He’s talking about a new network of high definition digital cameras providing multiple feeds and camera angles. The Reggie incorporates two major spaces – the Fieldhouse where track events are held, and a gymnasium for basketball tournaments and other, smaller events.
“We designed conduit and cabling to support their data network and a bunch of new camera locations,” Pincus explained. “In Phase Two we’ll install 9 hi-definition robotic cameras at strategic points around the Fieldhouse and another four in the gym, along with a new video screen in the gym similar to the one in the Fieldhouse, though not quite as large.”
That new system of cameras and data streams will certainly delight spectators, who will be treated to an array of high-def images, multiple camera angles and state-of-the-art computer graphics. But the capabilities of the system Pincus designed are even more far-reaching than that, and promise to enhance the home viewing experience, as well.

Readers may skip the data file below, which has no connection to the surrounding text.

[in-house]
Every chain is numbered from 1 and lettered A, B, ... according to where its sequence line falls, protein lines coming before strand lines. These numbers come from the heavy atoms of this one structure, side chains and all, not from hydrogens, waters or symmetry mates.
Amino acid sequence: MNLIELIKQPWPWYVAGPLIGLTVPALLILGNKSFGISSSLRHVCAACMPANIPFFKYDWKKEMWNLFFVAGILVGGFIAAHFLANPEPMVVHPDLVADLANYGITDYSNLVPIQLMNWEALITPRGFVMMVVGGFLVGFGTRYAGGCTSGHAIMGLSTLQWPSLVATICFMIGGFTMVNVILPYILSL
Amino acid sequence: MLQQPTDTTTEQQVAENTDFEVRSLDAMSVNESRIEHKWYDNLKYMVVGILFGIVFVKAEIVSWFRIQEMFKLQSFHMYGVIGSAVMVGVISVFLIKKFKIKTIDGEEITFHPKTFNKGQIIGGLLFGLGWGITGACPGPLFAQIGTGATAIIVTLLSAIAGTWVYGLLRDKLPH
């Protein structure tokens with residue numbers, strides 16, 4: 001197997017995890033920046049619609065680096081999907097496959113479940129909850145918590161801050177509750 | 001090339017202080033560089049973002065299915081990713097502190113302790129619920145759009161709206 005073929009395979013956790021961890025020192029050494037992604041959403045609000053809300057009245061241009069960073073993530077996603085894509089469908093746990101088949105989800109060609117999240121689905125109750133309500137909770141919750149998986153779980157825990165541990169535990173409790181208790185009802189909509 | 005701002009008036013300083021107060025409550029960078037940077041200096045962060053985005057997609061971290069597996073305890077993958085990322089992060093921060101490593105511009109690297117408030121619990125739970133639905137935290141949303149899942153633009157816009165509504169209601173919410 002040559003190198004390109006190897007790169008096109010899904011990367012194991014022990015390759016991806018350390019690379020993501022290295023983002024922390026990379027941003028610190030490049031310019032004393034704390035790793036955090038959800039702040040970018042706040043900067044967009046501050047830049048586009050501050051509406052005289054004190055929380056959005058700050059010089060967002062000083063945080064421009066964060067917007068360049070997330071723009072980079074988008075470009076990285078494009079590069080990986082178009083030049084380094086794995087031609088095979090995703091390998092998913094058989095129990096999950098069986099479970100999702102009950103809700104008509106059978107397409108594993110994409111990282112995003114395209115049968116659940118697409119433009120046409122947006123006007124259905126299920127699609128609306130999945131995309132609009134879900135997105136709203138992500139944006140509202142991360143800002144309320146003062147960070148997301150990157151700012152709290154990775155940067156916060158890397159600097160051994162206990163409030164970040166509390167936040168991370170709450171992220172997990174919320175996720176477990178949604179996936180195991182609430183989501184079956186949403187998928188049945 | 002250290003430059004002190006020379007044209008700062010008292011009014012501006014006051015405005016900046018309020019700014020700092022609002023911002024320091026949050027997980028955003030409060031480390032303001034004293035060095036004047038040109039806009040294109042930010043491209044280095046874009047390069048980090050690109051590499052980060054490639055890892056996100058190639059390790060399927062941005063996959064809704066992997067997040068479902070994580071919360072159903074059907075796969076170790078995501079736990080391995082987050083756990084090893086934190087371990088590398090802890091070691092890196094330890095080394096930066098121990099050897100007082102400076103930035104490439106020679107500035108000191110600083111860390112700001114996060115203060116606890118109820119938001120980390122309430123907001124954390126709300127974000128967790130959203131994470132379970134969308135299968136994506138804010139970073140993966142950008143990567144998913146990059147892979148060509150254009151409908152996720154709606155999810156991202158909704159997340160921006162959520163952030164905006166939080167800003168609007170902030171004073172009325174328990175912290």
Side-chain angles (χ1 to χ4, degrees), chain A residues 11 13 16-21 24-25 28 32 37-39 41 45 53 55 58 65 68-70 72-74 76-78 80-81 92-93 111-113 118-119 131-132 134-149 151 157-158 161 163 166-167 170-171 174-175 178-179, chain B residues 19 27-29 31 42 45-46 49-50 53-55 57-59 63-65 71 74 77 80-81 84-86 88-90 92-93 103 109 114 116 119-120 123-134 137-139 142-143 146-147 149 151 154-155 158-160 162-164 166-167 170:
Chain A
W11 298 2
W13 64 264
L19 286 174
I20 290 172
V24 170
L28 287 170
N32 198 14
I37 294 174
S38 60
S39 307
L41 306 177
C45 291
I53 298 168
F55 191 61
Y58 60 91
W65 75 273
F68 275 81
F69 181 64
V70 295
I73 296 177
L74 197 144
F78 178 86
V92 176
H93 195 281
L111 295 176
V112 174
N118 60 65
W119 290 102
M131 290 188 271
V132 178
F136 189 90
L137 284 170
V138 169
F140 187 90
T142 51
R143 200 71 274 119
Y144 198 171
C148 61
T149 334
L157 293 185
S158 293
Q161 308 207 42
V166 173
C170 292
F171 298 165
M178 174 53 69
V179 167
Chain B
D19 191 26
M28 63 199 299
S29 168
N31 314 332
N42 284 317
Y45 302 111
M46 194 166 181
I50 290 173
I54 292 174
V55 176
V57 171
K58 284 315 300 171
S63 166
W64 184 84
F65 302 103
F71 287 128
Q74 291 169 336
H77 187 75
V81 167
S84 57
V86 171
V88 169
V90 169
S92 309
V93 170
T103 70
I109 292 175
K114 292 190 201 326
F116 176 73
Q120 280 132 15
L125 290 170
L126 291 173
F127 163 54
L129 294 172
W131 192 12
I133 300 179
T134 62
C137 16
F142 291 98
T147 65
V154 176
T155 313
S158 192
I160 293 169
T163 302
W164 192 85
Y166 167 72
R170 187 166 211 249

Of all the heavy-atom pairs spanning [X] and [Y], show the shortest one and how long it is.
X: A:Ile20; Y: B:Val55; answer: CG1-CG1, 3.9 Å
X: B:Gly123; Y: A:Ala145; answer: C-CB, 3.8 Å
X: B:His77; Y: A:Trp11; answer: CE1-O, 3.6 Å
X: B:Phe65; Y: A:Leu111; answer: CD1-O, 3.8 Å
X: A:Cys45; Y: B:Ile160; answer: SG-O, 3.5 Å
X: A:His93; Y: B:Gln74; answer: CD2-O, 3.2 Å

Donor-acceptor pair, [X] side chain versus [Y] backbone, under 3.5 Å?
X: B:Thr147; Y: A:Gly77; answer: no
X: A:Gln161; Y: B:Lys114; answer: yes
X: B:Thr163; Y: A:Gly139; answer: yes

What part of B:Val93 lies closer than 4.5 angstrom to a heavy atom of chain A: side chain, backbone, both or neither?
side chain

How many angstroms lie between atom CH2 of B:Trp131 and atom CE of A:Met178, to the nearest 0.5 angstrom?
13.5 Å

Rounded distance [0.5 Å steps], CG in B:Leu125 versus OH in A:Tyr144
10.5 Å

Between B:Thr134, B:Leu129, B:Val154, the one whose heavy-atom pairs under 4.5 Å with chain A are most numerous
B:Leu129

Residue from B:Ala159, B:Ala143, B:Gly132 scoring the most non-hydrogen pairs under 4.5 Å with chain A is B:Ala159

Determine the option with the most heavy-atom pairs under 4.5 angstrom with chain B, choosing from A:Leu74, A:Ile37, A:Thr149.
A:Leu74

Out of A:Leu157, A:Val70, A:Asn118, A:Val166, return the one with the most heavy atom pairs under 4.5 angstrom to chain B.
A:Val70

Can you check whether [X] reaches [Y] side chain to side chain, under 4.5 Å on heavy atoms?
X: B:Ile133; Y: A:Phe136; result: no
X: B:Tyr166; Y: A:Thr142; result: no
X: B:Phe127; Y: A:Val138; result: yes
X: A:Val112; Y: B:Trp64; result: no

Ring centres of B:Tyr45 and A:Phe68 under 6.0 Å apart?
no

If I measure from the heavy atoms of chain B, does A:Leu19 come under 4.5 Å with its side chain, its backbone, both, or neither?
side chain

“We’ve created digital pathways to accommodate outside broadcasters like ESPN and NBC Sports, who routinely roll up with big 18-wheel production trucks. For major sporting events, they bring in a full production studio on wheels, with instant replay, live production capabilities, directors, producers and other assorted technicians,” Pincus explained.
With the new cabling in place, broadcasters will be able to tap right into the fiber (video with embedded audio) and copper (multichannel audio) systems to capture live video and audio feeds, and do their mixing and transmitting directly from the truck, thus eliminating the need for portable cameras, unsightly scaffolding and thousands of feet of temporary cable.